“Sustainable development cannot be achieved without peace and security,” said Ban.

Gangwon Governor Choi said,

“Despite difficulties including the stagnant dialogue between North Korea and the US and continuing sanctions against North Korea, the historic efforts for peace on the Korean Peninsula, which started with the 2018 Pyeongchang Winter Olympics, must continue ceaselessly.”

In addition to the forum, in its second edition, PyeongChang and Gangwon Province hope to continue to use sports events as peace-building tools. Such efforts paid off in January when the International Olympic Committee chose PyeongChang to host the Winter Youth Olympics in 2024. South and North Korea are seeking to co-host the Olympics in 2032.

Source: The Korea HeraldUPI
© Yonhap News, Daehan News, Thomas Maresca / UPI, Lee Seokyung / Penta Press, Lee Soo-gil / Newsway

Co-chair Ban Ki-moon’s acceptance speech for Sunhak Peace Prize

Speech by Co-chair Ban Ki-moon

Sunhak Peace Prize 

Seoul, Korea

5 February 2020

 

Thank you for your warm introduction.

Dr. Hak Ja Han, Universal Peace Federation Founder,

Sunhak Peace Prize Foundation Members,

Distinguished Guests, Ladies and Gentlemen,

 

It is my great privilege to stand before you this evening and humbly accept the 2020 Sunhak Peace Prize.

I’m incredibly grateful for this esteemed honor, and it is quite meaningful to follow in the footsteps of the previous luminary awardees you have bestowed this honor upon.

My special recognition goes to Dr. Hak Ja Han for her visionary patronage of this award, as well as for her longtime advocacy efforts in support of world peace, global citizenship, and sustainable development issues.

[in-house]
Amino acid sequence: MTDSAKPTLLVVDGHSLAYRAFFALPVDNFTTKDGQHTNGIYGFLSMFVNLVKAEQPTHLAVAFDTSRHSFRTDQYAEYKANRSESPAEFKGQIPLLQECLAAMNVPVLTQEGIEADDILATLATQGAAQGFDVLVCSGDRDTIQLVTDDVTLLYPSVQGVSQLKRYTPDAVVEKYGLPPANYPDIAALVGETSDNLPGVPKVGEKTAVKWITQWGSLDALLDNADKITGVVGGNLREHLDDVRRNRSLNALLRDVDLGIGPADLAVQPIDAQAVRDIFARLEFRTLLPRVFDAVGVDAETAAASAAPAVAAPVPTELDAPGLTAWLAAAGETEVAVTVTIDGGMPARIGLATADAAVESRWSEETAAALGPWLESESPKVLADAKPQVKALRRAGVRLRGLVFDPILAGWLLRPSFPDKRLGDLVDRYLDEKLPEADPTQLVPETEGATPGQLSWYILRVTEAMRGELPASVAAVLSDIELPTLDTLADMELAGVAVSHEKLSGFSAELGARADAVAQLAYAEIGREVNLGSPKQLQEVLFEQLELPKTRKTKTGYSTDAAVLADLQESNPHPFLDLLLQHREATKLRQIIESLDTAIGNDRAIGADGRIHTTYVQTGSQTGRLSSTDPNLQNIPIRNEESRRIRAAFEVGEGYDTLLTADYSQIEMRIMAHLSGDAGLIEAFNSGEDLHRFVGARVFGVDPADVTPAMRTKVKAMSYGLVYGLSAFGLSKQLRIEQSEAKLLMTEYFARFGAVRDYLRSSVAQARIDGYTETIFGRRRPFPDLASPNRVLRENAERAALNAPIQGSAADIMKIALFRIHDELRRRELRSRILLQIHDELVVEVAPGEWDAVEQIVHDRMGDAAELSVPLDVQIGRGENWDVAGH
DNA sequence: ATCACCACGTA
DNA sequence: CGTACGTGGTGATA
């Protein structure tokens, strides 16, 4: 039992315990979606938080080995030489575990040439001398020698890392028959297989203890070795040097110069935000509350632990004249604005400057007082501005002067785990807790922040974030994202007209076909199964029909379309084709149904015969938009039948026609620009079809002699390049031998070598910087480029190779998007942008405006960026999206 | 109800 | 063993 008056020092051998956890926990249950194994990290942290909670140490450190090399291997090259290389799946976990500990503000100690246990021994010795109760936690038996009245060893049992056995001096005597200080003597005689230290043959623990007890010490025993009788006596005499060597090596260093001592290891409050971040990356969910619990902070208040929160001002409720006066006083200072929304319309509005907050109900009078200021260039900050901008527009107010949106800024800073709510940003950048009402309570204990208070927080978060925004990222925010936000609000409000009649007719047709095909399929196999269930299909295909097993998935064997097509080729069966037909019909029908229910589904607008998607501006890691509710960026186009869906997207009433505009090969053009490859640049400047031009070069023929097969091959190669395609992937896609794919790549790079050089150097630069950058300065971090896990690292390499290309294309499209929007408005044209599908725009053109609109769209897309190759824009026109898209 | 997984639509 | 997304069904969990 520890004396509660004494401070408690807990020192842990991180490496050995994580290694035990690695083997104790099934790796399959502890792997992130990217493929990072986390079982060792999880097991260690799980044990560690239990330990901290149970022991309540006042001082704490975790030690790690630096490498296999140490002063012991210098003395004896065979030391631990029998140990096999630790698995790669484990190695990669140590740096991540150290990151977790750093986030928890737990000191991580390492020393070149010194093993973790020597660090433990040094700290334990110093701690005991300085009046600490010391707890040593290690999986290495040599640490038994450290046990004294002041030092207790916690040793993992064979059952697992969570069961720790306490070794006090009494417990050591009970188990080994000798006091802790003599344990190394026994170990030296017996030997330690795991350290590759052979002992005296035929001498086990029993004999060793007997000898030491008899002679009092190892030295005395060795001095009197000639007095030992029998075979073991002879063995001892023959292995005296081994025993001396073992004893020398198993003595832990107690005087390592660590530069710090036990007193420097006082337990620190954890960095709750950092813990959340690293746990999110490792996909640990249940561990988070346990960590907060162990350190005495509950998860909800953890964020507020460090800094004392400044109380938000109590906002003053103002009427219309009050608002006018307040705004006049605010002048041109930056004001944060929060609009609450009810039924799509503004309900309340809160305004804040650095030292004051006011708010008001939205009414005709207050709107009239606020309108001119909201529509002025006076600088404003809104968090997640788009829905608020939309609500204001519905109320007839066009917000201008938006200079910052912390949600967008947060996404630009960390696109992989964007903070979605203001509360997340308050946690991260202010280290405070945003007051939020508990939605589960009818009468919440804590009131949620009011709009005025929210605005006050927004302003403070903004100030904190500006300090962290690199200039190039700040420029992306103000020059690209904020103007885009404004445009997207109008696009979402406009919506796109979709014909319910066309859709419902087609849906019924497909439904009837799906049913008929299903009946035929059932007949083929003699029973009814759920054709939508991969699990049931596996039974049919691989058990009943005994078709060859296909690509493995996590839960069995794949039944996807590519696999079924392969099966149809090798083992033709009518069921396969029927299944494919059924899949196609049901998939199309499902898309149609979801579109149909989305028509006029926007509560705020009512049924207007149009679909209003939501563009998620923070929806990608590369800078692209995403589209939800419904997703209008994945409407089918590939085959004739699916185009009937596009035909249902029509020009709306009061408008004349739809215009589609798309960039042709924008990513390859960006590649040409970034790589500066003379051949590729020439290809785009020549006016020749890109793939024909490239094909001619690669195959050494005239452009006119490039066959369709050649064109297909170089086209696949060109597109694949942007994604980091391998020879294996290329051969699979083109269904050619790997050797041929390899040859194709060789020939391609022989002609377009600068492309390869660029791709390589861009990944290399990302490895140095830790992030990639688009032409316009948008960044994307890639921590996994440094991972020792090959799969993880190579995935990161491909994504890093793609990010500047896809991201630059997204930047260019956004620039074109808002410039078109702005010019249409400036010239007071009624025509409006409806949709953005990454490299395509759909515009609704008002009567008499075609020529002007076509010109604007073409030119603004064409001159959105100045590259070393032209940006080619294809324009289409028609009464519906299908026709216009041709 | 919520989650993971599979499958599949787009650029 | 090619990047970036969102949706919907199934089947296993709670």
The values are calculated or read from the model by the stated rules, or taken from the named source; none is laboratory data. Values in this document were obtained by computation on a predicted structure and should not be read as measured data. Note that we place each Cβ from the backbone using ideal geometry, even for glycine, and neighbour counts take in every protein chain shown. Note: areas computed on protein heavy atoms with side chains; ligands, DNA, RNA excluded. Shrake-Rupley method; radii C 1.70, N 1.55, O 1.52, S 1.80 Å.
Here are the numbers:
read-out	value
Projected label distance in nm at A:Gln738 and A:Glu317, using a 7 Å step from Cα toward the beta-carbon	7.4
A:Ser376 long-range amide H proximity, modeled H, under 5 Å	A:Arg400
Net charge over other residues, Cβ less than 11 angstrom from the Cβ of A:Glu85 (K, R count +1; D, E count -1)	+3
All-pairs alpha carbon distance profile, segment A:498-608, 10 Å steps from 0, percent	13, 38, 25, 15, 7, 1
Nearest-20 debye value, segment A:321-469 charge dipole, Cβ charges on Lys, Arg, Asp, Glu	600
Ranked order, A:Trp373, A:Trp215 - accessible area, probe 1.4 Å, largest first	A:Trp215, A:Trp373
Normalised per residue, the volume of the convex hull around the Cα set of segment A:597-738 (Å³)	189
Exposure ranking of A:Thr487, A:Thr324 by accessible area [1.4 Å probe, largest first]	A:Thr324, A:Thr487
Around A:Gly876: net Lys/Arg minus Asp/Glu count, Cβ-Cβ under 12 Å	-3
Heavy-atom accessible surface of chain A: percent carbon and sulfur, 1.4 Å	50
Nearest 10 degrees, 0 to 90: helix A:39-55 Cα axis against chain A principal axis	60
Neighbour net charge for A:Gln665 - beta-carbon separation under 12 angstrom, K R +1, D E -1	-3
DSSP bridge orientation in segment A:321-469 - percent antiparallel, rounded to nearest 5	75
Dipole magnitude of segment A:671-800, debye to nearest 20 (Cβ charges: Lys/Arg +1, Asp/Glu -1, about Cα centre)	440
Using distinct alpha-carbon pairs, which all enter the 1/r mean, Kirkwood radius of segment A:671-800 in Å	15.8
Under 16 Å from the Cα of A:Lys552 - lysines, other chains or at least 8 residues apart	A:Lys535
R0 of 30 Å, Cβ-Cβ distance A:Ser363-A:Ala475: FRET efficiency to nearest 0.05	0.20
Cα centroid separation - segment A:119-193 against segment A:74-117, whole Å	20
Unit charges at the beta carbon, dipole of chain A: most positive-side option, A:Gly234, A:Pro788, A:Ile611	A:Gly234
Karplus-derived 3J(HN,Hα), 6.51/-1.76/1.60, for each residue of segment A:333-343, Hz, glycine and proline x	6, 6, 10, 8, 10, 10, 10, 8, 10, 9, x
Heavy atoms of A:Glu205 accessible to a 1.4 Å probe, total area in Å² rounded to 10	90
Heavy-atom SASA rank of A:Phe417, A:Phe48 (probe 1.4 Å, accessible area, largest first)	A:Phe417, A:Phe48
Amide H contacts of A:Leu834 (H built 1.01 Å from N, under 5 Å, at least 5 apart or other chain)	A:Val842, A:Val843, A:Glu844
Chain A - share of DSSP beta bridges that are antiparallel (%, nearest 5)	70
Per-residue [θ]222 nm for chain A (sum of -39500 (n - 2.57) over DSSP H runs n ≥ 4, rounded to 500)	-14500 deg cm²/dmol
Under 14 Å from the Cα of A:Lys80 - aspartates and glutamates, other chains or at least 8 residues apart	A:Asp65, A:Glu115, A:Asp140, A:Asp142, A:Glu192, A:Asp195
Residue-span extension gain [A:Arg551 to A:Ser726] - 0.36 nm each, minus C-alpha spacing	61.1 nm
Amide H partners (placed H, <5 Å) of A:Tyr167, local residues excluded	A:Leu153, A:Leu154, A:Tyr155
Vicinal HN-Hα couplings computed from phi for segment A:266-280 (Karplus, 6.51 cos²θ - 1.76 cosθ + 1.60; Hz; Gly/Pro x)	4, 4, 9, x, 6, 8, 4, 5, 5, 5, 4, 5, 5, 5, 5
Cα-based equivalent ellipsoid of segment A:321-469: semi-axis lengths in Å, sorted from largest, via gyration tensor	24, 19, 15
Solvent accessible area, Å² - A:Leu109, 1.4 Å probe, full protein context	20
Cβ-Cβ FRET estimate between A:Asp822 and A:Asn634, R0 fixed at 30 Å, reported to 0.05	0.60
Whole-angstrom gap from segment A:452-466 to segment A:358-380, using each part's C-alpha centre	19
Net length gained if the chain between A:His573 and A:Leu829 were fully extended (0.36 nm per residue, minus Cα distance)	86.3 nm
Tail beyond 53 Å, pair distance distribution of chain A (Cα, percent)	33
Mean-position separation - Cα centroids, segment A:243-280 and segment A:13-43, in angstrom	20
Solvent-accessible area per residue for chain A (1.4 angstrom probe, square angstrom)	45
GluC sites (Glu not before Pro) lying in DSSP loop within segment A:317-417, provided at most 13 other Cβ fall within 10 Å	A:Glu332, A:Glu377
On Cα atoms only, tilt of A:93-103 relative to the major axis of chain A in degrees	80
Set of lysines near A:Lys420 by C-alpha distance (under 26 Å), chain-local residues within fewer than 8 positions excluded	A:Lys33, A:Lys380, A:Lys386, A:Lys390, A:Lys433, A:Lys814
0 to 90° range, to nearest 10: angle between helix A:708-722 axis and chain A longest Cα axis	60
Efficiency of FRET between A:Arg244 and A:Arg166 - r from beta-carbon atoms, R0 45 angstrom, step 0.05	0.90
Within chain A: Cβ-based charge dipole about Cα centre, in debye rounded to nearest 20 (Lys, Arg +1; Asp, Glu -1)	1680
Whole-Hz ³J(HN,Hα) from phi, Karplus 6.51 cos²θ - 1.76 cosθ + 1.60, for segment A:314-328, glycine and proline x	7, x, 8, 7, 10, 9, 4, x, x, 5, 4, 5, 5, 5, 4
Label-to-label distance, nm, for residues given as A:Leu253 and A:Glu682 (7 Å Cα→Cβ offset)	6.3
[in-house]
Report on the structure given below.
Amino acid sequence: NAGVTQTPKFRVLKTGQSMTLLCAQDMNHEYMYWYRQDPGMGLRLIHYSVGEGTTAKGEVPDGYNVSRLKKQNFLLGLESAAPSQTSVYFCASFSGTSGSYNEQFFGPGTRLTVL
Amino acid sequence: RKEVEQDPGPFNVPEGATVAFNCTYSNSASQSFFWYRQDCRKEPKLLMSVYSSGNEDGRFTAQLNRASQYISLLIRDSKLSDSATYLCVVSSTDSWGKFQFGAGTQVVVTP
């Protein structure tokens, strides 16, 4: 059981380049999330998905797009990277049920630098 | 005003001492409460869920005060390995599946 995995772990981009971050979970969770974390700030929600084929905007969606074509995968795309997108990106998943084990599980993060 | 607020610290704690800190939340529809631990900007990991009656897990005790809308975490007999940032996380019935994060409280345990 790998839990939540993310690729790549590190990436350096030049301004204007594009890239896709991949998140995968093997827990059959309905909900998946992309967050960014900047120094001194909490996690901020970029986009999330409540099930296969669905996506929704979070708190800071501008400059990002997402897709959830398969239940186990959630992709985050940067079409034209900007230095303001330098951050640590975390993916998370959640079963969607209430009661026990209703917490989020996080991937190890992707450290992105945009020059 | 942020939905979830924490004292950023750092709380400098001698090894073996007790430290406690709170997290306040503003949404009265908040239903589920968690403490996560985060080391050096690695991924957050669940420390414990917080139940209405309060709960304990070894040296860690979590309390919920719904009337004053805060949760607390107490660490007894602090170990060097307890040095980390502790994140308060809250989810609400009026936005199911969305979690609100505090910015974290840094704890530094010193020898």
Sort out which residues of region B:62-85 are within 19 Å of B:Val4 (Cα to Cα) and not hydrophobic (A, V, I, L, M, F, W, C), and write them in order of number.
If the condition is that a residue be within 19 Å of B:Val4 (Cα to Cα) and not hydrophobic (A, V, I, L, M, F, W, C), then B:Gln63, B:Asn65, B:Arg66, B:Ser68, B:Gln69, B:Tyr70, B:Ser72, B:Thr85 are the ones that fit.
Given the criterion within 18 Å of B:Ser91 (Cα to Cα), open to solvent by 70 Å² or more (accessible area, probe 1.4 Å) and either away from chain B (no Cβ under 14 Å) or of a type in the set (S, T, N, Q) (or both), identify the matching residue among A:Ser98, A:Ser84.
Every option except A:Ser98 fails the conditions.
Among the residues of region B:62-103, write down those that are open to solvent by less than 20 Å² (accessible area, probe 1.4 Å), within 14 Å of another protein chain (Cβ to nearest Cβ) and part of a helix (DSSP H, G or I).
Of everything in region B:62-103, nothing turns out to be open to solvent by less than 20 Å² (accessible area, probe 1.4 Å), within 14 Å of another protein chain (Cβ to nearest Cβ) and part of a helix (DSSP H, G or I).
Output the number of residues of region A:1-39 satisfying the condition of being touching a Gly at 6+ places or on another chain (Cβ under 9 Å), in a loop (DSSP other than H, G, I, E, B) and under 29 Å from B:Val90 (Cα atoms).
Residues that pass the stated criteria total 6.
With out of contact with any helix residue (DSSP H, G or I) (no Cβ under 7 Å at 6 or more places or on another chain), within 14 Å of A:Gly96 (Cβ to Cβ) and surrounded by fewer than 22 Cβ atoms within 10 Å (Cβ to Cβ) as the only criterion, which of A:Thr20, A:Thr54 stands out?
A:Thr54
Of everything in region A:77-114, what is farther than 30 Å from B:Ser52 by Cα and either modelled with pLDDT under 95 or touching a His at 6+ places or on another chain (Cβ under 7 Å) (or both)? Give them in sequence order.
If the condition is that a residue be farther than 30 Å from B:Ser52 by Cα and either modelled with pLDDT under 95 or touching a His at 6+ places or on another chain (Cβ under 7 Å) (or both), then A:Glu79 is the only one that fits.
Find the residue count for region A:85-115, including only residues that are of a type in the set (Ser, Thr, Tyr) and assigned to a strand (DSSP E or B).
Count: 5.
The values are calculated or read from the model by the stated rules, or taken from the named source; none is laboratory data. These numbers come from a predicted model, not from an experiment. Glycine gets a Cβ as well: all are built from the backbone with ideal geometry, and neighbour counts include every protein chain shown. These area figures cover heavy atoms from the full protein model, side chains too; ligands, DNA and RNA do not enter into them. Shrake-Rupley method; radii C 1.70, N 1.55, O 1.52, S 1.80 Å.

I also take this opportunity to commend the impressive work and forward-thinking vision of the Sunhak Peace Prize Foundation.

The critical efforts by the Sunhak Peace Prize Foundation are essential as we collectively strive to expand essential understanding, cooperation, and tolerance on the road to world peace and global sustainability.

In this connection, I simply couldn’t be more proud to receive this award intended to further the ideals of such a pioneering individual who so firmly believed in the importance of peace, human development, coexistence, and environmental protection.

My deepest gratitude goes to the Sunhak Peace Prize Foundation Members for this very special honor.

 

Distinguished Guests, Ladies and Gentlemen,

Our world is changing and this is bringing many new challenges and uncertainties to the geopolitical and economic order.

Multilateral cooperation is viewed with increasing skepticism just as the world needs it the most. Human rights are under threat as nationalism spreads. Development and humanitarian funds are being slashed.

And our climate crisis is deepening as wildfires burn, sea levels rise higher, and temperatures continue to surge.